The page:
Children can develop hemiplegia from a perinatal brain injury (before birth) or an injury that affects only one side of their brain that occurs right after birth. When the injury causing hemiplegia occurs in the perinatal period or first few years of life, the resulting hemiplegia is known as "hemiplegic cerebral palsy." It is estimated that of the 800,000 children and adults living with cerebral palsy in the United States, approximately one-quarter are hemiplegic.
Virtual rehabilitation provides many benefits over traditional rehabilitation. The difficulty can be changed dynamically to a specific patient based on previous results (both short and long term). Interactive games and activities provide higher motivation than conventional clinical exercises. Perhaps most importantly is the real-time recording of game results, resulting in a better understanding of the progress made.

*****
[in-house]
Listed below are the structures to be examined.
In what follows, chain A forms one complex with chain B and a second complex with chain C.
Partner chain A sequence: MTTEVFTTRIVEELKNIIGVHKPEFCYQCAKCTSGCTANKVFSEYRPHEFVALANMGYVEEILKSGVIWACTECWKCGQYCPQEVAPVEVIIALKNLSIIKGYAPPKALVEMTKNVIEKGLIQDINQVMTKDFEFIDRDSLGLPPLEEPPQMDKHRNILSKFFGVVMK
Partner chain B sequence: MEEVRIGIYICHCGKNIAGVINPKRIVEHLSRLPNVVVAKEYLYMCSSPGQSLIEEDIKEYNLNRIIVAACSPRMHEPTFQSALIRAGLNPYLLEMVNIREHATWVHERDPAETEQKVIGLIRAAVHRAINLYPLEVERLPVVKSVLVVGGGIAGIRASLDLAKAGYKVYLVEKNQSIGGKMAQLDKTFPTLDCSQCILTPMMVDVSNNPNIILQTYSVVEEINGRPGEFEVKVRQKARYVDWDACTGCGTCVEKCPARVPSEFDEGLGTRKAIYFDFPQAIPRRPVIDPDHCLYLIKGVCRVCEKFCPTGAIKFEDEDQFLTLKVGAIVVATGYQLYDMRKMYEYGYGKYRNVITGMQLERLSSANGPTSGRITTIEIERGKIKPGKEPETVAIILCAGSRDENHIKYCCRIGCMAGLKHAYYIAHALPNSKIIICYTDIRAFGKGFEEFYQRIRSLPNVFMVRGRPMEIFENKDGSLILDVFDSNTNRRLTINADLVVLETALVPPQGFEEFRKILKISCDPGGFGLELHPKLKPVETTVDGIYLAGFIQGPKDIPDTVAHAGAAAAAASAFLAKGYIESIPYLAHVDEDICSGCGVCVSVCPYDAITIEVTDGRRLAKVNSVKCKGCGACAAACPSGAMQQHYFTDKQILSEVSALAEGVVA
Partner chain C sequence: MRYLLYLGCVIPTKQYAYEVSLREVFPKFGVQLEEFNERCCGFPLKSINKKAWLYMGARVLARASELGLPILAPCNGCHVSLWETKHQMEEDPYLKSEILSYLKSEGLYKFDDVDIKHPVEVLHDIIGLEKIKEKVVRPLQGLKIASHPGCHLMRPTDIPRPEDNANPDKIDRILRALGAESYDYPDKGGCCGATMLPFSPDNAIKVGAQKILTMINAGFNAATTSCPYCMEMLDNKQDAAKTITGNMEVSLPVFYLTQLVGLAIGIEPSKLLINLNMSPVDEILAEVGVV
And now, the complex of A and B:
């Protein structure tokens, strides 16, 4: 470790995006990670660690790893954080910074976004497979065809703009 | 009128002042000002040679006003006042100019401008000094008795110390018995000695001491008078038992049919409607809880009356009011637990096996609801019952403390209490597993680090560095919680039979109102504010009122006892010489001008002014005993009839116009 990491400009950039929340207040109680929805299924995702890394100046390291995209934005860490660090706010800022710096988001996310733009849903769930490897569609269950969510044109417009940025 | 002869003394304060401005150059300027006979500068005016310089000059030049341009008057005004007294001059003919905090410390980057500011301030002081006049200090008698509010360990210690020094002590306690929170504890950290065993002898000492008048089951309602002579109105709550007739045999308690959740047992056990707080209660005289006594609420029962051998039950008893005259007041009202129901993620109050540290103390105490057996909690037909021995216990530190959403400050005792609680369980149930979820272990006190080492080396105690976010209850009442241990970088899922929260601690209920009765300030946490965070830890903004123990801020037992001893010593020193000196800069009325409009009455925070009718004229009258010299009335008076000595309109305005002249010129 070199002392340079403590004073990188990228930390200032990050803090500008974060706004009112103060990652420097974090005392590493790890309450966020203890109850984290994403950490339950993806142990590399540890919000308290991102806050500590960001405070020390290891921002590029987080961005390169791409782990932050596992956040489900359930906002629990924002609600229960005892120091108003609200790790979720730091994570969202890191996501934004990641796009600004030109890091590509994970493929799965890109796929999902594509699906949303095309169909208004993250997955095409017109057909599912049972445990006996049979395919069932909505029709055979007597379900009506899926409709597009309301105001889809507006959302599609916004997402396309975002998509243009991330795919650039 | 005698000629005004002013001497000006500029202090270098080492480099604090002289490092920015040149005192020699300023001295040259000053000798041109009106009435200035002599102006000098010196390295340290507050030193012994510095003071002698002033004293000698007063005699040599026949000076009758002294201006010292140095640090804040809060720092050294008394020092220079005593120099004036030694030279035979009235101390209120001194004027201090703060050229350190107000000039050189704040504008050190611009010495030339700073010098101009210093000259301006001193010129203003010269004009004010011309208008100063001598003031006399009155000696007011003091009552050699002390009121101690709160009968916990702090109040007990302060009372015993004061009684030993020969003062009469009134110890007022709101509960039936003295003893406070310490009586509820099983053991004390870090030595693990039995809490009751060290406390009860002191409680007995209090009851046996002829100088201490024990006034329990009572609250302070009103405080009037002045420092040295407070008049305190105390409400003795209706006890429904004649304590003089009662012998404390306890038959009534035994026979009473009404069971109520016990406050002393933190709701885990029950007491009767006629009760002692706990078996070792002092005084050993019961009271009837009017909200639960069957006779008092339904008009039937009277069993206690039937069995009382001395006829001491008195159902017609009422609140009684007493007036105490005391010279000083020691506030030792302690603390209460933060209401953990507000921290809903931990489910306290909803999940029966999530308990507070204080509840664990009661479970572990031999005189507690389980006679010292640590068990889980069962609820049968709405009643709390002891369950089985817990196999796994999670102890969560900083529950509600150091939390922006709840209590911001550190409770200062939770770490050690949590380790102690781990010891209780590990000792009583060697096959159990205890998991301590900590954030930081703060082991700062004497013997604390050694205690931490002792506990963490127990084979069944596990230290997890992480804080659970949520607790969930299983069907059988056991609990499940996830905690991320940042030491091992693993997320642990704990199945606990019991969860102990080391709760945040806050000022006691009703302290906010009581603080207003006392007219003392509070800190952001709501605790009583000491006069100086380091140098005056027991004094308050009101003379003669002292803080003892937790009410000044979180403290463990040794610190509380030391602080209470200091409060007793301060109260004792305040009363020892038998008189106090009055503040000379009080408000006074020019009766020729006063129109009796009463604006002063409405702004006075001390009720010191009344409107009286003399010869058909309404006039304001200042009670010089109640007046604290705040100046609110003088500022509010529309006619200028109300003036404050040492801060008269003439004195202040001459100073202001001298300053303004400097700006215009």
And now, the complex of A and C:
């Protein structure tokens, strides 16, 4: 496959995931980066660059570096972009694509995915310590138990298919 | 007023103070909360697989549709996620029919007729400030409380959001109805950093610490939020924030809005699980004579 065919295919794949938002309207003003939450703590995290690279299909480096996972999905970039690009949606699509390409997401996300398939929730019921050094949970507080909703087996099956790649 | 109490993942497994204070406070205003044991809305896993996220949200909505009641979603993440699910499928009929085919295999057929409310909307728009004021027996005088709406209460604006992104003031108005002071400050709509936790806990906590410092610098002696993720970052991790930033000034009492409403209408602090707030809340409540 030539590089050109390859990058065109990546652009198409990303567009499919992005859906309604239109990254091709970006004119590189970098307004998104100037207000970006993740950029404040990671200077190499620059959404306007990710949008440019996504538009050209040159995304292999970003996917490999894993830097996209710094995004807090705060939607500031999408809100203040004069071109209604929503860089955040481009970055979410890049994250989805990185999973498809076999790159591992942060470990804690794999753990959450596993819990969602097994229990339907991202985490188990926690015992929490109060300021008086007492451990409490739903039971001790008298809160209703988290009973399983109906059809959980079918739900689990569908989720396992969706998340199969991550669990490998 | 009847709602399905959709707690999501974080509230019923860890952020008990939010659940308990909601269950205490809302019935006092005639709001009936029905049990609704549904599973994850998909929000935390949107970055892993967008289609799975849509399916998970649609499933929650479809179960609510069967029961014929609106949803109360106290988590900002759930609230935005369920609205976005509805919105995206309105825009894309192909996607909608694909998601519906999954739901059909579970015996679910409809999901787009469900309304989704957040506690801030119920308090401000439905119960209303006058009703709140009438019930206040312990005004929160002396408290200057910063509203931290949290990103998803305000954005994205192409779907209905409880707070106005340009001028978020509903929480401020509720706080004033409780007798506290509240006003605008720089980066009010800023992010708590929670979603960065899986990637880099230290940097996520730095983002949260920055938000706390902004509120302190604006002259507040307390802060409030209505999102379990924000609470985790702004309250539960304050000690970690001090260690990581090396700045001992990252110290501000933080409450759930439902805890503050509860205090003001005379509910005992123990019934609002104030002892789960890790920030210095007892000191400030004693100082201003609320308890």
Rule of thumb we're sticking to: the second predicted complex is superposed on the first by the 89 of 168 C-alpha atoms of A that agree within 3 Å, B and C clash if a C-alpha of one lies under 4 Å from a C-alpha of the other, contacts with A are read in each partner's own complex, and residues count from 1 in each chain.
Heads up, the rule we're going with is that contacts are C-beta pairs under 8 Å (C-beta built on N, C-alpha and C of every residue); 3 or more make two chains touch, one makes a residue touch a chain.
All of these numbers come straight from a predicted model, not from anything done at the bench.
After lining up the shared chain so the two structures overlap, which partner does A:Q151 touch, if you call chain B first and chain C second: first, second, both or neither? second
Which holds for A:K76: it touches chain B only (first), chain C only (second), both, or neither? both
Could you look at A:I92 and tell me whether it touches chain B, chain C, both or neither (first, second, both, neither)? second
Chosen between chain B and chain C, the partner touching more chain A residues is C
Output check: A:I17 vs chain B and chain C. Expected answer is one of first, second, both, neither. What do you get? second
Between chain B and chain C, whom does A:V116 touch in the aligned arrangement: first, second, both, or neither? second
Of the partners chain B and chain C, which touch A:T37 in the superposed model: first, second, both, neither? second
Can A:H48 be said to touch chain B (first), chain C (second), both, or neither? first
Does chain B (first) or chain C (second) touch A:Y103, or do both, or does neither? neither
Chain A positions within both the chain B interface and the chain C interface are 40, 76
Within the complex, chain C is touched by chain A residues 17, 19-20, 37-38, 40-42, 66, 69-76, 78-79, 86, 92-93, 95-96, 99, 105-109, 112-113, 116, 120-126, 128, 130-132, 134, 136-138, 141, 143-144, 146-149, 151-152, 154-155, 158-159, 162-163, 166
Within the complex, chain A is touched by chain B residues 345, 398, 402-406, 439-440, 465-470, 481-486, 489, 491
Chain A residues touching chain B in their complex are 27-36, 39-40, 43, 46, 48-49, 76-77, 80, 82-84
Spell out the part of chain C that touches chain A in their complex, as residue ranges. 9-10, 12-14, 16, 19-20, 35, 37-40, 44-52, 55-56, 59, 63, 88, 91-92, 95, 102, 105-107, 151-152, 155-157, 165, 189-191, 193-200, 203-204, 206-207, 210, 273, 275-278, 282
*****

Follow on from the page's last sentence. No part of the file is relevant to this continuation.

The Rutgers Ankle CP is a Stewart platform-type haptic interface coupled with a graphics workstation rendering therapeutic games. The system supplies six degrees of freedom (DOF) resistive forces to the patient's ankle using double-acting pneumatic cylinders. The robot top platform is connected to an ankle angle adapter to allow the patient’s foot to rest at 45° to 90°, a more comfortable alternative for patients with celebral palsy.
The workstation is connected through a robot controller box via a 128 kbps serial line. The controller is in charge of measuring the robot position and controlling its resistive forces in response to game events. The controller is composed of an Intel Core 2 Quad processor and microcontrollers to drive the air servo-valves. The system runs a Linux operating system with a software controller written in Java3D.
The first participant was a 7 year old child diagnosed with mild ataxic cerebral palsy. He had difficulty with speech, no cognitive delays and ambulated independently. The participant wore bilateral shoe inserts for pronation and trips/falls were a daily occurrence. He received physical, occupational and speech therapy in school once weekly, which was allowed to continue during this study.